Outdoor lighting design is an art. A truly skilled outdoor lighting designer needs to understand the clients style and taste and bring that affect to their home. They need to have a strong understanding of electrical, possess artistic vision, and understand plants and trees. Believe it or not, basic geometry and spacial recognition is a big part of it. A designer needs to be able to see how the property will look illuminated before the lights are even turned on. Although the installation process can be quite laborous, the art is in the design. One needs to understand what wattage bulbs to use, the degree the light will spread from the bulb, where to place the fixtures and my favorite, lenses!
My favorite thing about being a designer is no job is identical. Every clients style is different and so is their property. The best way to make the customer happy is to provide them with the right information and also photos. Below I am going to discuss the different lighting styles and techniques:
Spot lighting is when you point the lighting fixture directly at the object in which you intend to illuminate.
Shadowing can be a lot of fun but not to be overused. Think of when you were a child and you would make this giant shadow on a way, you basically would stand between the light and a wall. The further away from the wall, the bigger you would seem. Well, this can be quite dramatic with trees, my favorite is to do this with trees that have great texture.
Silhouetting is the opposite of shadowing, instead of the light being in front of the object, you place the light fixture behind what you would like to highlight. The affect is awesome, especially in the backyard living areas. I use this technique all the time with illuminating backyard pool areas.
Grazing is used when you want to capture the texture of a surface, especially masonry. This is often used for uplighting houses, you install the light fixture at the base of the masonry structure and poing up.
Down lighting/Moon Lighting
Down-lighting became very popular in the 80’s when lighting companies would climb super high up into trees and shine lights down through the tree branches to replicate the moonlight. Today it is not as popular since the technology has come so far along with low voltage lighting. Uplighting a deep forest can be even more eye catching and you don’t have to deal with the glare from the lights or the issue of replacing the bulbs as they burn out over time. But, moonlighting still has it’s place for the right applications (driveways, waterfalls, lush plant beds below large trees, etc).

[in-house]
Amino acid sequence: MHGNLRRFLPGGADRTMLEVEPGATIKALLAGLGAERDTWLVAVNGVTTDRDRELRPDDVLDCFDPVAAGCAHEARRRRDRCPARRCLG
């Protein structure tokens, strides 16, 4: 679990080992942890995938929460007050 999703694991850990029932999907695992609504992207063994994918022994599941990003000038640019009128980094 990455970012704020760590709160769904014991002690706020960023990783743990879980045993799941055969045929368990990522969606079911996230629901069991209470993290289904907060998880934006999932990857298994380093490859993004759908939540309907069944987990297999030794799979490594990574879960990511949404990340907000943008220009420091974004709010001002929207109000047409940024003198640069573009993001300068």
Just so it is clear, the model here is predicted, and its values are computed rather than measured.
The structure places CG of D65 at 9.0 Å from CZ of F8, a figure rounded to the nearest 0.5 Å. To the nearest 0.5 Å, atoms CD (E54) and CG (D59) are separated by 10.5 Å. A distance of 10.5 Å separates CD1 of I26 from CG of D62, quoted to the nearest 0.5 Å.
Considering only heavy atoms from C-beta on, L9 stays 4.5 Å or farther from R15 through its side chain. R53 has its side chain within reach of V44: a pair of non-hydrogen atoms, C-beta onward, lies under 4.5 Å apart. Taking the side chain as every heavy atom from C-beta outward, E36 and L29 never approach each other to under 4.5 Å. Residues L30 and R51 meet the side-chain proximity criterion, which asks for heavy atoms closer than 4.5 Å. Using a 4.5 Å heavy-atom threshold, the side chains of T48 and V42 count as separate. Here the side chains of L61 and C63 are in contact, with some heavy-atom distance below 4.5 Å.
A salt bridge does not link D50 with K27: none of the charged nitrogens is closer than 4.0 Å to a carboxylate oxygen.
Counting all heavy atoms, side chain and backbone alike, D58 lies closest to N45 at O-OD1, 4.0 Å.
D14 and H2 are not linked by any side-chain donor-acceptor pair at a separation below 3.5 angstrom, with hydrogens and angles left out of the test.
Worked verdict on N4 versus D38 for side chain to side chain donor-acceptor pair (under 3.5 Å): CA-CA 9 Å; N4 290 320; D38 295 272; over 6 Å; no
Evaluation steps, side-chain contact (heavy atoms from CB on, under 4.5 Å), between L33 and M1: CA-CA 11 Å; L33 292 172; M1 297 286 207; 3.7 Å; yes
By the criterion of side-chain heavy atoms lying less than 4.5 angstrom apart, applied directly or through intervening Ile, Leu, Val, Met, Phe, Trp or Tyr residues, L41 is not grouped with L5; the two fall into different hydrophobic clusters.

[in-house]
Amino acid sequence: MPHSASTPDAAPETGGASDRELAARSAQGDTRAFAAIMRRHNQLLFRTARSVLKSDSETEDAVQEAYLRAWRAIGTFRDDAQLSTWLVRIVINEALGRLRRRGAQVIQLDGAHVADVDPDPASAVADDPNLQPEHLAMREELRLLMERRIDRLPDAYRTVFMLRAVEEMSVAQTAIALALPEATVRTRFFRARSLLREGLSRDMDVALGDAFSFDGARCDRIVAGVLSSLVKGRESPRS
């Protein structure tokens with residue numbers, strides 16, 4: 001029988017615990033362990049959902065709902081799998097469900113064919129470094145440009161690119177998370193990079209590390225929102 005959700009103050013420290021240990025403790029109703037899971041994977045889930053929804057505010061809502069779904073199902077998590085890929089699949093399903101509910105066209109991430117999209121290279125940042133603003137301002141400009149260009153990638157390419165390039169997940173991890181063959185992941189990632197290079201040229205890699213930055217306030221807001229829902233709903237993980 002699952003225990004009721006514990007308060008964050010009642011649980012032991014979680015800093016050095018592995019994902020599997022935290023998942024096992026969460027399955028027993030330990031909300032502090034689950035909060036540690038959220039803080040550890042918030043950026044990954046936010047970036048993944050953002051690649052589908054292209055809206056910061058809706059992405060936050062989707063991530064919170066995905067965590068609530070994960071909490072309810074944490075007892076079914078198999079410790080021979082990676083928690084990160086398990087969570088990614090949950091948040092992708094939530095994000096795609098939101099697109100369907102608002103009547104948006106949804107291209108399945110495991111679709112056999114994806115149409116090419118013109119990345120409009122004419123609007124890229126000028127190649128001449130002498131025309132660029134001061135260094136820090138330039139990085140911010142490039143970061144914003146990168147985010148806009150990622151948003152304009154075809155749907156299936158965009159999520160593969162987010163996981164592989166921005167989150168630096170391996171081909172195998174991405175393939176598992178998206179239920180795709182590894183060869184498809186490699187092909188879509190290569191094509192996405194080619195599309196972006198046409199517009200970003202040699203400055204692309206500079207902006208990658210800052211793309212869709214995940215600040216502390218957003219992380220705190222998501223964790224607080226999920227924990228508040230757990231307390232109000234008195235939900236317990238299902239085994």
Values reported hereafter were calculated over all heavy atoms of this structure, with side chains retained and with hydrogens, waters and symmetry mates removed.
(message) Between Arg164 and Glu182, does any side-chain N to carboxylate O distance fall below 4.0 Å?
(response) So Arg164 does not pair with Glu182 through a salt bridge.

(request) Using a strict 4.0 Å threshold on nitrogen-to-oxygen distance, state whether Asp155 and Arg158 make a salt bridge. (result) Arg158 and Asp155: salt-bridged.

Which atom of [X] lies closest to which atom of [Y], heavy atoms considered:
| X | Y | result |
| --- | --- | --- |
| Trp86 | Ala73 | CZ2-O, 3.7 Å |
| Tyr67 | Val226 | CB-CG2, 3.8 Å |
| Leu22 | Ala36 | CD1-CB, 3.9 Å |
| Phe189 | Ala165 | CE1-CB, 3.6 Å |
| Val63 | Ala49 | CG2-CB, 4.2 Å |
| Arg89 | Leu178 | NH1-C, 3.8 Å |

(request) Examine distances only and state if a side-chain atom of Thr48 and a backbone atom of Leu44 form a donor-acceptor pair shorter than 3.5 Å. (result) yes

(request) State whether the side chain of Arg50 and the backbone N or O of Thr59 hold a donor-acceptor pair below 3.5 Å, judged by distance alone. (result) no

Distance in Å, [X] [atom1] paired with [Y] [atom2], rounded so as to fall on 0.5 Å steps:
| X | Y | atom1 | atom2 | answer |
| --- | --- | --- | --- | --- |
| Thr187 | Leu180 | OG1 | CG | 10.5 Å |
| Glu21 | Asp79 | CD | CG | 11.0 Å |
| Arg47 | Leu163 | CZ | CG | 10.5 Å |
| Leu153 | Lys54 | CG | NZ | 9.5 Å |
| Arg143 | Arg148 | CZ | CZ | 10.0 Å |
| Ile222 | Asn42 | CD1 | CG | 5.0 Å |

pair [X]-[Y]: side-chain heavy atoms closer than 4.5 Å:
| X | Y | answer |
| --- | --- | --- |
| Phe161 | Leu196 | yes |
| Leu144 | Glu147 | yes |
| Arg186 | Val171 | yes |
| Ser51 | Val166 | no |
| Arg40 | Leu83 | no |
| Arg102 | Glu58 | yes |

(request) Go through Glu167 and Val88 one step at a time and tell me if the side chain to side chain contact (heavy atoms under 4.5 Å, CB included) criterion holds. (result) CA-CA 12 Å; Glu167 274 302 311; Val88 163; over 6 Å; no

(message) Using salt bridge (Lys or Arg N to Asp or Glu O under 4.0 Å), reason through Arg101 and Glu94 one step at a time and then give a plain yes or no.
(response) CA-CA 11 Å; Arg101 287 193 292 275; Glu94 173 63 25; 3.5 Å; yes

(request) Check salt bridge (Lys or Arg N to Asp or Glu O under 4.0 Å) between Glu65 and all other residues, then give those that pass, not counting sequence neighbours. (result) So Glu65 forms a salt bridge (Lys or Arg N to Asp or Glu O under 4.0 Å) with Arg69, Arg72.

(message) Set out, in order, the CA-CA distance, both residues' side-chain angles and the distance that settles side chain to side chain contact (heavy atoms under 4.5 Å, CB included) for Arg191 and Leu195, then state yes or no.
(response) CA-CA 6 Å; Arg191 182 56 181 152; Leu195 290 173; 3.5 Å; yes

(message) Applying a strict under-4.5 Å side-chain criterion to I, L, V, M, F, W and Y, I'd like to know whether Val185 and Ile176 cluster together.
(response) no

Nothing beats a massive oak getting uplight by a couple light fixtures, it is majestic! Or illuminating a lush canopy overhanging an entertaining space. Or using a spread lens on a crape and myrtle as the autumn leaves begin to change. I could go on and on, trees add dimension to your property’s lighting project.
Don’t worry, the old days of installing path lights on the left and right of your walkway are gone. No more landing strips in front of houses. Path lighting adds safety for you and your visitors. It also does a great job highlighting beautiful stone walkways such as pavers and flagstones. Lastly, path lighting does a great job providing diffused lighting for streams, plants beds, statues, etc.
Low level evenly dispersed illumination for flowers, shrubs, and other types of ground cover. It can also be used underwater to enhance ornamental ponds.
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